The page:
The DIY movement that emerged in the second half of the 20th century continued in their footsteps. The act of making had become a tool for direct activism in order to ignite a societal change. Young people felt oppressed by the few who controlled the production of culture: governments, publishers and media were choosing what information to print and what music to play, what knowledge to share and what life to live. Using the technology of that time that was widely accessible, such as cassette recorders and copy machines, the DIY movement managed to spark a change in various causes such as rights for women, people of color, LGBTI, environmental policies and many more through the production of their own. Through the unrestricted production possibilities of DIY, this movement also accompanied the creation of various subcultures, such as punks, squatters, travellers and others. (Anderson, 2012) (Vergote, 2014)

As technology advanced, the ability of people to make and share more things grew along. The invention of computers created the first hackers, who enjoyed exploring the possibilities of coding and hardware. But it was the internet that truly started the digital revolution by allowing people to get connected and to share information. Continuing anti-consumerist efforts of previous subcultures, hackers found joy in understanding, exploring and inventing. They believed that only when information will be free, freedom will follow. On internet, they were free and fought to keep that freedom by preventing the knowledge being locked up in patents, copyrights and private systems. The open-source philosophy based on openness of code and world-wide collaborative digital invention was born. (Himanen, 2001)

HACK: 1) something done without constructive end; 2) a project under taken on bad self-advice; 3) an entropy booster; 4) to produce. 

Dennis J. & Samson P., Dictionary of the TMRC Language, 1959, p.3

Hack became a tool of innovation and DIY production. To hack something meant not only to penetrate illegally the system, but rather to create an ad-hoc tool, process or program in order to expose a problem, solve it, or create an improvement. Coding became new way of manufacturing. Due to the growing access to the network and to computers, everybody with determination was able to learn to produce code. The consequences were revolutionary. Thanks to the access to internet and knowledge, coding allowed an immense number of entrepreneurial activities. Many of them turned hackers into millionaires, such as Steve Jobs, others took path of life-long activism, like Richard Stallman who to this day preaches an open-source philosophy. (Anderson, 2012)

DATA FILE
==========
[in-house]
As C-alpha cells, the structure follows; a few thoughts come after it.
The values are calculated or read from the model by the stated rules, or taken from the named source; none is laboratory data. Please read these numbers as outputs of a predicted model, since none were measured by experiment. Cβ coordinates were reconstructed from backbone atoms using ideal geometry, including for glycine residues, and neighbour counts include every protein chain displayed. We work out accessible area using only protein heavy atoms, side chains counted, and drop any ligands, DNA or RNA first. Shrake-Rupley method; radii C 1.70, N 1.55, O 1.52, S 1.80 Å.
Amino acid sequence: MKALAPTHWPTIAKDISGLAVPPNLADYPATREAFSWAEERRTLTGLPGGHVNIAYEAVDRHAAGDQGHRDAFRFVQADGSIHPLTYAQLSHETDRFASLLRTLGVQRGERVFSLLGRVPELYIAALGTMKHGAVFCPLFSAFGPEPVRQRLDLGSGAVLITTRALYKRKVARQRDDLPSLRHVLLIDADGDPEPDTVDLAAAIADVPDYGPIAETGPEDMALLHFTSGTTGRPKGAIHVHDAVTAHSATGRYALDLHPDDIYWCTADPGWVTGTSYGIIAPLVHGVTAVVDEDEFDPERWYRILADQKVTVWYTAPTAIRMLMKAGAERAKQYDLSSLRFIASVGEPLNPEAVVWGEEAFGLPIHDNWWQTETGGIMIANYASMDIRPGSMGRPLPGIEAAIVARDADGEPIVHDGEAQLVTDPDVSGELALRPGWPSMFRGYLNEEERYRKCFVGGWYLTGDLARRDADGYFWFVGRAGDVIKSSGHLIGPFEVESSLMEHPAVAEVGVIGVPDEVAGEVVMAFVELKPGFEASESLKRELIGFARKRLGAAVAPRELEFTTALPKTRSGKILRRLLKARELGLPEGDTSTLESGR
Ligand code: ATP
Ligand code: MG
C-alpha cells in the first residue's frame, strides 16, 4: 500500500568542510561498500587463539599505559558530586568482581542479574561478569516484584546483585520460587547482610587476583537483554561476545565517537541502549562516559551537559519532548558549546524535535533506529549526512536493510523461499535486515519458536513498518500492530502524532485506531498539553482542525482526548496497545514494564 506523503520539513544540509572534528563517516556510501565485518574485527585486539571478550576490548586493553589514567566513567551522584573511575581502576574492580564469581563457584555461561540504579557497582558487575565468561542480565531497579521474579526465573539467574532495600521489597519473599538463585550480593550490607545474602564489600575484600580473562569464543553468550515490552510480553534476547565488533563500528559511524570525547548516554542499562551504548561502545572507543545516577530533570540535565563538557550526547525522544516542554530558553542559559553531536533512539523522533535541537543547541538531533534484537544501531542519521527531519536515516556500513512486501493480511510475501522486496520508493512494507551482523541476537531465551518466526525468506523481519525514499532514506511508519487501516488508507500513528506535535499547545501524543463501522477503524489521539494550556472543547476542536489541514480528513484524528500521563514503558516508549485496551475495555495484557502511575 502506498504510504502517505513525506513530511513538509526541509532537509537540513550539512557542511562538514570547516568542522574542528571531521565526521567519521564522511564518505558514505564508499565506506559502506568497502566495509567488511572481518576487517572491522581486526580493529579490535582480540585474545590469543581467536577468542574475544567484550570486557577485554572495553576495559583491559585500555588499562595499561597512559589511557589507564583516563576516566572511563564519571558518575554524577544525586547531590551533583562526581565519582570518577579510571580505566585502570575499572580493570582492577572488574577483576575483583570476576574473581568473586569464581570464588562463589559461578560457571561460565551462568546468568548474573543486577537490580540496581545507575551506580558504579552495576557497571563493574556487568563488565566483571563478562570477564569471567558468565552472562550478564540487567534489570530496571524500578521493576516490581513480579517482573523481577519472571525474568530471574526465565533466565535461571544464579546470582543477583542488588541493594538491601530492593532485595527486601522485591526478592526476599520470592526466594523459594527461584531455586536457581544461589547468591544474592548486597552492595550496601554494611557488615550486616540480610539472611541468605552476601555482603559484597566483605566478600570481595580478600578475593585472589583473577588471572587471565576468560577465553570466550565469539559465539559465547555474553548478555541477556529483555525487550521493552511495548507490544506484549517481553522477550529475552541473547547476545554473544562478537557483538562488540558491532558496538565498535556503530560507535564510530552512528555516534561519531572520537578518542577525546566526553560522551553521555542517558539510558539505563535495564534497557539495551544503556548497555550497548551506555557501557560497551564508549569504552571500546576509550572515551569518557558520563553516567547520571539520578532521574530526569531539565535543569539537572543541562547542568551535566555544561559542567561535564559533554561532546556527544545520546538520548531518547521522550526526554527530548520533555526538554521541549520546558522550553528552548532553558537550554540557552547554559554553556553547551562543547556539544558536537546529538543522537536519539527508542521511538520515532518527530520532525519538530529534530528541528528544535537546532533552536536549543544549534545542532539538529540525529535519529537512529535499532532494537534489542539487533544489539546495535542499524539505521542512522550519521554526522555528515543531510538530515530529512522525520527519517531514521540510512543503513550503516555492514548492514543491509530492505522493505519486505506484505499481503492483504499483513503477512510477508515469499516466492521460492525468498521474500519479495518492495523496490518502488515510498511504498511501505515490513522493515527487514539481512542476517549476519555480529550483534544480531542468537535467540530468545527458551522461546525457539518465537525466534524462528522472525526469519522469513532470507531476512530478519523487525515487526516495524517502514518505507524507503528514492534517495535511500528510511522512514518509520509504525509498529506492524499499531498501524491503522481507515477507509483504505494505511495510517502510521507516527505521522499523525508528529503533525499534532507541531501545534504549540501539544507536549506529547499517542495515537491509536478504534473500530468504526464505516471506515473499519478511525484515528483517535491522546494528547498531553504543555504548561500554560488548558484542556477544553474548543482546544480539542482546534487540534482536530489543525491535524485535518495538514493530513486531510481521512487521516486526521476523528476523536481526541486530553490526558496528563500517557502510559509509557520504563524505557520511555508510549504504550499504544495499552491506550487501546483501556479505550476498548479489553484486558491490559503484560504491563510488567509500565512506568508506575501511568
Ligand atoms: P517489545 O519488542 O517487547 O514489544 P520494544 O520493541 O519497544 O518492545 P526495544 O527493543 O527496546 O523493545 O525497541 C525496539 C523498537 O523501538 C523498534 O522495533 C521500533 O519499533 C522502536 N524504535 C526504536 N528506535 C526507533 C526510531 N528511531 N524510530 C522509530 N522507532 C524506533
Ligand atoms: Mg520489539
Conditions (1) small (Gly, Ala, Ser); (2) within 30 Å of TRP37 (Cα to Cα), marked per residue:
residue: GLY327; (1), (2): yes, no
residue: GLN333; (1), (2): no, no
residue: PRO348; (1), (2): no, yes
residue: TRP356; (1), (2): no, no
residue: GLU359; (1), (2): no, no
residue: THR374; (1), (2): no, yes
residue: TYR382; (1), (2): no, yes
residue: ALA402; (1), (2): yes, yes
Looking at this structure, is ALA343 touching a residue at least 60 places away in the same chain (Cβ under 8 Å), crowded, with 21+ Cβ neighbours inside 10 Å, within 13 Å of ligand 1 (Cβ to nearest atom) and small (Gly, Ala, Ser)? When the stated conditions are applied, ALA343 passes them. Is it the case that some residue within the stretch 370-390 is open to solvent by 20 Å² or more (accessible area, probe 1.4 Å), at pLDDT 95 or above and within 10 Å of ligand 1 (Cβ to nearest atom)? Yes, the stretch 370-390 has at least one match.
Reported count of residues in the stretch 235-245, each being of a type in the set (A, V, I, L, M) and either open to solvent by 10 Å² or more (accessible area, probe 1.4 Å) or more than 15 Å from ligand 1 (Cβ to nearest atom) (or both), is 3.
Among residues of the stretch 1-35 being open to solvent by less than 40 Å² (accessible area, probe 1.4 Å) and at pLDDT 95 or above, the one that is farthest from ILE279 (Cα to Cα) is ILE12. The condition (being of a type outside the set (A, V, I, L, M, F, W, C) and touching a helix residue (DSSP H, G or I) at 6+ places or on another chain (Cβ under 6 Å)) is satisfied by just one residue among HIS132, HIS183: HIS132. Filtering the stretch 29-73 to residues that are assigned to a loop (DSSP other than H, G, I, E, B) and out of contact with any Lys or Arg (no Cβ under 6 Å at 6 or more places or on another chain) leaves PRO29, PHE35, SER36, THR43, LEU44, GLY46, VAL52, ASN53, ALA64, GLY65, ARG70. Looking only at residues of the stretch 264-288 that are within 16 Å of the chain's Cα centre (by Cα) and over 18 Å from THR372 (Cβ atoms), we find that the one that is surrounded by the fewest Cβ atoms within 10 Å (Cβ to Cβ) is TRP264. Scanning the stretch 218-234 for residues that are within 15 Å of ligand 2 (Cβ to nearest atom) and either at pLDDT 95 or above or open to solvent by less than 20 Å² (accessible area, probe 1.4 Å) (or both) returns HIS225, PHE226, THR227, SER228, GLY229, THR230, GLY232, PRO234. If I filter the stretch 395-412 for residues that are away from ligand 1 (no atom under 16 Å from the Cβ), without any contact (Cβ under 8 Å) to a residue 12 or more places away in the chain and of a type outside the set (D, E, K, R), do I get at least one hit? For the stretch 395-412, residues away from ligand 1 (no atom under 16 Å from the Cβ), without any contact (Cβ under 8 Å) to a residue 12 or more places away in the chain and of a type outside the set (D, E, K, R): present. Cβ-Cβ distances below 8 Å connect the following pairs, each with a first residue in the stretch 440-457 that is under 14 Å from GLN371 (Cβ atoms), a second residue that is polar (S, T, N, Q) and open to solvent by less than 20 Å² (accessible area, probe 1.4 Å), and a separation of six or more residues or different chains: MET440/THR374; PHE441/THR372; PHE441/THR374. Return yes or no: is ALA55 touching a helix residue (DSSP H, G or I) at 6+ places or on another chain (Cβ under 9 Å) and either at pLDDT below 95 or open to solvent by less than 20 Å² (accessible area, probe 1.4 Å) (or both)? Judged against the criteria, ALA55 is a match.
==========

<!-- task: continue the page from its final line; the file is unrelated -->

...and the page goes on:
The activism led also to the creation of the first hackerspaces in the nineties. Spaces that allowed the local communities to meet, discuss and work together IRL28. It was there where the maker movement truly started. Hackers believed, that everyone should have a free access to these places and knowledge contained in them and their network, to learn new things and invent in the spirit of openness. Shortly after that, in 2002, the Fab Lab concept was launched by the Centre for Bits and Atoms at MIT, based on similar beliefs. Hackerspaces are militant, and even though they are open to everyone, their anti-establishment setting and total adherence to open source can be discouraging to many. (Maxigas, 2006) (Berrebi-Hoffmann, Bureau, & Lallement, 2018)